My advice, take the time and learn Objective-C. Read the Apple developer guidelines and learn how to do it right.

  • I like the reminder that MonoTouch will involve at least some learning even if you are a seasoned .NET dev. I'm also looking at an iOS app connecting to SQL Server / .net back end. Can you point me to anything that worked for you?
    – Jason S
    Commented Oct 28, 2011 at 1:12

If you just want to get something out the door quickly, I believe monotouch would be the way to go.

The Bad: Remember that MonoTouch is $399 for a single developer. That means if your app is priced at $0.99, then you essentially need to sell over 400 apps to even make money. That's not taking into account that you won't get the full $0.99 for each app purchase. Another thing to think about is that if you want other developers to join your project, the vast majority of iPhone devs still use Objective-C, so it will likely be harder to find partners.

The Good: Development time will be a lot faster. Being early to market is typically a great advantage.

The Neutral: You still have to learn the iPhone libraries, application lifecycle, and all the other little nuances of the iPhone. So even though you don't have to learn Objective-C, you still have to learn the framework. So, either way, your app can be equally awesome as it's still the iOS framework at the end of the day.

  • You'll learn something new unless your approach is to create a Windows app that runs on the ipad.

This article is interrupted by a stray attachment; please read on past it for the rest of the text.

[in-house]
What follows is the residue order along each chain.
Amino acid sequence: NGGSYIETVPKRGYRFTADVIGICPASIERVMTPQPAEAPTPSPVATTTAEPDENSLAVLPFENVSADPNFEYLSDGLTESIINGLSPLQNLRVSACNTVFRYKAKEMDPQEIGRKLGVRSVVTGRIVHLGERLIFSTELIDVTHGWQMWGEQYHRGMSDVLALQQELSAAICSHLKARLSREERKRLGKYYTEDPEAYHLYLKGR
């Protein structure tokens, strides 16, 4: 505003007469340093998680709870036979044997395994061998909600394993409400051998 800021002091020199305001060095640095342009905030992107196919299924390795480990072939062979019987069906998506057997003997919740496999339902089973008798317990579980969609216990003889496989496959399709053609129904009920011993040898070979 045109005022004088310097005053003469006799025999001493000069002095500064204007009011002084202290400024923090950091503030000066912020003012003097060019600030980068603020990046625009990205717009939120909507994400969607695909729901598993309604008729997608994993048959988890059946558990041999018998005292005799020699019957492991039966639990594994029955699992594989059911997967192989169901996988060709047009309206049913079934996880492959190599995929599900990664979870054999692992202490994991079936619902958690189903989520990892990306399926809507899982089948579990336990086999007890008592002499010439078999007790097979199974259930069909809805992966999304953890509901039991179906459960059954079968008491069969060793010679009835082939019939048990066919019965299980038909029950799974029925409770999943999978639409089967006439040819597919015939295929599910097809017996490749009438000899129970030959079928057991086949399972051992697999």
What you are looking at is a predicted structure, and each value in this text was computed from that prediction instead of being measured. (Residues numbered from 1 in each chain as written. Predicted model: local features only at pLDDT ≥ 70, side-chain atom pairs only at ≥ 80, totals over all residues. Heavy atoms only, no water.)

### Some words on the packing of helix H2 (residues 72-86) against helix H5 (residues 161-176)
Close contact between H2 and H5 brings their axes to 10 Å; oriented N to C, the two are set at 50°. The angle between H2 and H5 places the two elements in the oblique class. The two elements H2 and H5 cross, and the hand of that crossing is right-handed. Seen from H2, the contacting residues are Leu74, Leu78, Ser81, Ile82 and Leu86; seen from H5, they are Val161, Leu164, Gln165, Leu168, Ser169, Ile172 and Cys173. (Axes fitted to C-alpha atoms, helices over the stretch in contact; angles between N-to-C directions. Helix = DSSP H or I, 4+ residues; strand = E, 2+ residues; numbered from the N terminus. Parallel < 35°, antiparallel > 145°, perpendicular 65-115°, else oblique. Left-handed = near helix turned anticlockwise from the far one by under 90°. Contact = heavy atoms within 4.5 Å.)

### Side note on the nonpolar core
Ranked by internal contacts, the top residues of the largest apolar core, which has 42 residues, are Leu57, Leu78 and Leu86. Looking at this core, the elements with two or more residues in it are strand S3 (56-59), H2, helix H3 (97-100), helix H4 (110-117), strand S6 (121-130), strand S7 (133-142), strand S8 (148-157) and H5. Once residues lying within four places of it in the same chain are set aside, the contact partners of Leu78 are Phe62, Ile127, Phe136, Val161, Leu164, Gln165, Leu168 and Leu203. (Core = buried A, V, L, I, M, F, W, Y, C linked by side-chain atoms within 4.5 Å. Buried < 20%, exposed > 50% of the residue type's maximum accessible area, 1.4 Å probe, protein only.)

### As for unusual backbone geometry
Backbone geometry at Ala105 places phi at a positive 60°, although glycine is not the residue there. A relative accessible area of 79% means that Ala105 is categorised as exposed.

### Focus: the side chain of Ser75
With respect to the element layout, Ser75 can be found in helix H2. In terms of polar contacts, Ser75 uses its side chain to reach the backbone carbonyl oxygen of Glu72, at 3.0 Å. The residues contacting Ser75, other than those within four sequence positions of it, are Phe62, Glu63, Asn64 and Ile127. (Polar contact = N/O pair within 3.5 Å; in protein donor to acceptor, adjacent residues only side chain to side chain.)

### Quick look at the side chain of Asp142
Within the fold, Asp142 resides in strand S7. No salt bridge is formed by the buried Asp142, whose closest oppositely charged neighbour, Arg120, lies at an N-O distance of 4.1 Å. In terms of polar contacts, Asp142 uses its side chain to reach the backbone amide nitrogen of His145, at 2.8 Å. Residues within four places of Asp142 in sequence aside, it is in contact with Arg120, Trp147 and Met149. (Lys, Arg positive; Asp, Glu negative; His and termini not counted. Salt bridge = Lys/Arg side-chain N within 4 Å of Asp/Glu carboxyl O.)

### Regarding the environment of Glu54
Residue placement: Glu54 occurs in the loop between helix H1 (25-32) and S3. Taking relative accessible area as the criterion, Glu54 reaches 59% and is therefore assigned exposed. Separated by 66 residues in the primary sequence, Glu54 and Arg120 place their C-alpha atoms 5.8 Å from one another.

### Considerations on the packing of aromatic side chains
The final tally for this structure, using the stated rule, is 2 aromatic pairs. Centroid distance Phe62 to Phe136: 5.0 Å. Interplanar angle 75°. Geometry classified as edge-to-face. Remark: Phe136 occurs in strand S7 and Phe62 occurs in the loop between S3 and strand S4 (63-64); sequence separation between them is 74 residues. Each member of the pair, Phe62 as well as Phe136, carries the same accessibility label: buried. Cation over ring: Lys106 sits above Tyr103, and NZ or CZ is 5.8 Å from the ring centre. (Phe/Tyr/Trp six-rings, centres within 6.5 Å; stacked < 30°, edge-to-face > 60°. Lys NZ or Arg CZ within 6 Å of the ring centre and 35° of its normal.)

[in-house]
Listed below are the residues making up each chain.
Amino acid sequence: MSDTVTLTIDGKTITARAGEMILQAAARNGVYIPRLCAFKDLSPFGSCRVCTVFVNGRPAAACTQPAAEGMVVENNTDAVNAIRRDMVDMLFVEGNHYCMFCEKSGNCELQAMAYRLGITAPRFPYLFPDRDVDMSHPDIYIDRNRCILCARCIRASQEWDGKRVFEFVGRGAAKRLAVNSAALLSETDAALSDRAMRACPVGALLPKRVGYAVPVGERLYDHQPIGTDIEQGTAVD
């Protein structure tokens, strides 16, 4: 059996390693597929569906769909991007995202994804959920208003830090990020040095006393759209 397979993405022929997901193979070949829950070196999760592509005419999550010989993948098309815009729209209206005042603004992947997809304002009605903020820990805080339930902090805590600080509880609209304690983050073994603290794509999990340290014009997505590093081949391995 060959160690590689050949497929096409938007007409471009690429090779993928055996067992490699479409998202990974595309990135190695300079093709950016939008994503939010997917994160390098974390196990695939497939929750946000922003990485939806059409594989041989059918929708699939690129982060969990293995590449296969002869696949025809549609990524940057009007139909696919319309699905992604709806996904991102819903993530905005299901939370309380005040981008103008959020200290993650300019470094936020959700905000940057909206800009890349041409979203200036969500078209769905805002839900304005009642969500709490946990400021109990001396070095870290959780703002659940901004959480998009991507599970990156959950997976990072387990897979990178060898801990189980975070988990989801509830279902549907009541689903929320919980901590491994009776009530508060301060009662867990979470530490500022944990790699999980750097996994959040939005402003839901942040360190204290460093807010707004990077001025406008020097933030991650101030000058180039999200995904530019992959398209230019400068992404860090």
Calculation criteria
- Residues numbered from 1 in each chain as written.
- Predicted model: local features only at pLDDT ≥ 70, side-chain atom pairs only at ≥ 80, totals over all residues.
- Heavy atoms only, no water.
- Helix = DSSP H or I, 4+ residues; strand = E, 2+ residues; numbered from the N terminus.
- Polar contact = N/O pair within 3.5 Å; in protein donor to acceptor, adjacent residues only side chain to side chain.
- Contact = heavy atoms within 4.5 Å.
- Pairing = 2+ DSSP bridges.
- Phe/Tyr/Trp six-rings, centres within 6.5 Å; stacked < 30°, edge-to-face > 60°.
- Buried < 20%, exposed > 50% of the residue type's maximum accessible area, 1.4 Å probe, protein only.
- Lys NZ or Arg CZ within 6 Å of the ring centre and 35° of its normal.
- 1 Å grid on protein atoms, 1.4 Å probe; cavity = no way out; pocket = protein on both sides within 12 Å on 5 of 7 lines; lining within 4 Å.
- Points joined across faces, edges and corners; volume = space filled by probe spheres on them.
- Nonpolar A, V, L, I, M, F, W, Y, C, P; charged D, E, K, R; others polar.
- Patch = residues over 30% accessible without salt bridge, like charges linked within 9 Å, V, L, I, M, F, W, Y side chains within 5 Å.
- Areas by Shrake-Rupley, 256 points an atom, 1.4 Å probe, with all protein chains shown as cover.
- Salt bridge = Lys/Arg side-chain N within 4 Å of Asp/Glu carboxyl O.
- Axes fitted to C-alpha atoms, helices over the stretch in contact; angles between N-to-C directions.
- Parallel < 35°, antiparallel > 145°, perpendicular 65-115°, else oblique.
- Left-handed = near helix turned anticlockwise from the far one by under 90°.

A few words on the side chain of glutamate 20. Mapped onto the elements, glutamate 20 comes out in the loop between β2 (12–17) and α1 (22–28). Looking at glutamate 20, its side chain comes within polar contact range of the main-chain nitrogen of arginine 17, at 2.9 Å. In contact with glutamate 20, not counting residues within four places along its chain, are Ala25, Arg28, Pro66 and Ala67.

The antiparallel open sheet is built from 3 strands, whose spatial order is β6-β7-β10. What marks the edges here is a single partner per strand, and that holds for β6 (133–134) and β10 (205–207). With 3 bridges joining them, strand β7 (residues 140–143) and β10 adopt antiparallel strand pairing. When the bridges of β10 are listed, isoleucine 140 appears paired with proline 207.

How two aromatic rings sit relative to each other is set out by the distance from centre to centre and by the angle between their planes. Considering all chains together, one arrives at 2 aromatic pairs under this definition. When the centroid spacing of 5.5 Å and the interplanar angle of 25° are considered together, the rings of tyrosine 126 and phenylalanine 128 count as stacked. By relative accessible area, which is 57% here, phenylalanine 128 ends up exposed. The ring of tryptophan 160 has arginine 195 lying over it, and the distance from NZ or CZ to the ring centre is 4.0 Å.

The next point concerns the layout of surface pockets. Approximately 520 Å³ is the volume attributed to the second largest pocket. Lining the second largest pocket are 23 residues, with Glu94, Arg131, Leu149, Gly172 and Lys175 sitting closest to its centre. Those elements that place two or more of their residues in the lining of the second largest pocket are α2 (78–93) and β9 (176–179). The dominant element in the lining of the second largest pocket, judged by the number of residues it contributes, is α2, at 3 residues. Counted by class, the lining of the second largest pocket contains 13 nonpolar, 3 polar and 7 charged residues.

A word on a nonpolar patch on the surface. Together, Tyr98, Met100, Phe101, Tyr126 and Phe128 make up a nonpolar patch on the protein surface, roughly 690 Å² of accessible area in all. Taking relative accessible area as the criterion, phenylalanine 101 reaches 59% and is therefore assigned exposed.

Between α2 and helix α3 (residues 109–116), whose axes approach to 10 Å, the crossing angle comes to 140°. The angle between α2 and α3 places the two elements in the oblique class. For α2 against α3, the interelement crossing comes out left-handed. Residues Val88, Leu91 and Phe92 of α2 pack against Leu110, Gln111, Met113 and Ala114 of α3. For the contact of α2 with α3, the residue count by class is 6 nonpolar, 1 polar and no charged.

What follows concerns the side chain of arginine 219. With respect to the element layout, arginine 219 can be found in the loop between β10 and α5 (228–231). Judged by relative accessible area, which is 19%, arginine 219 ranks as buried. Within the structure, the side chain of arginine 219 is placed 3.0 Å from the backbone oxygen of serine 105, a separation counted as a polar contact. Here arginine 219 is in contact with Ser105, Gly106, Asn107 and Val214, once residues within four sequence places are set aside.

– JeffO
    Commented Sep 30, 2010 at 15:43

I'm starting to develop an application using MonoTouch and I am finding it a good experience. With a tendency towards being productive rather than learning new tech, MonoTouch scratches the itch. The general feeling is that Novell have done a great job of making iOS functionality available to .NET developers and now with Apple's recent relaxations of the licensing (they now allow iPhone/iPad apps developed by 3rd party tools) MonoTouch is only going to gain ground. If you watch the #monotouch twitter tag you'll even see some developers / devshops PORTING their Obj-C apps over to .Net because it'll be easier/quicker to maintain/evolve in the long run. Oh, and all the Apple guidelines still apply even though you're working in .NET - in fact I find them pretty helpful.

With MonoDroid on the way too, you'll likely be able to re-use core libraries of your own application across an iPhone AND Android application - how cool is that??

Here's a pretty upbeat interview with Wallace Mclure that captures a little of what I'm talking about:


I'd say go for it!


There's an article about one .NET devs experience in moving his skill set to iOS.

This blog post describes my experience of learning how to write iOS software, after having spent many years exclusively in the world of .NET development. It provides warnings, suggestions, and tips for others who are interested in learning iOS development. The post ends with a qualitative comparison of programming in WPF and iOS.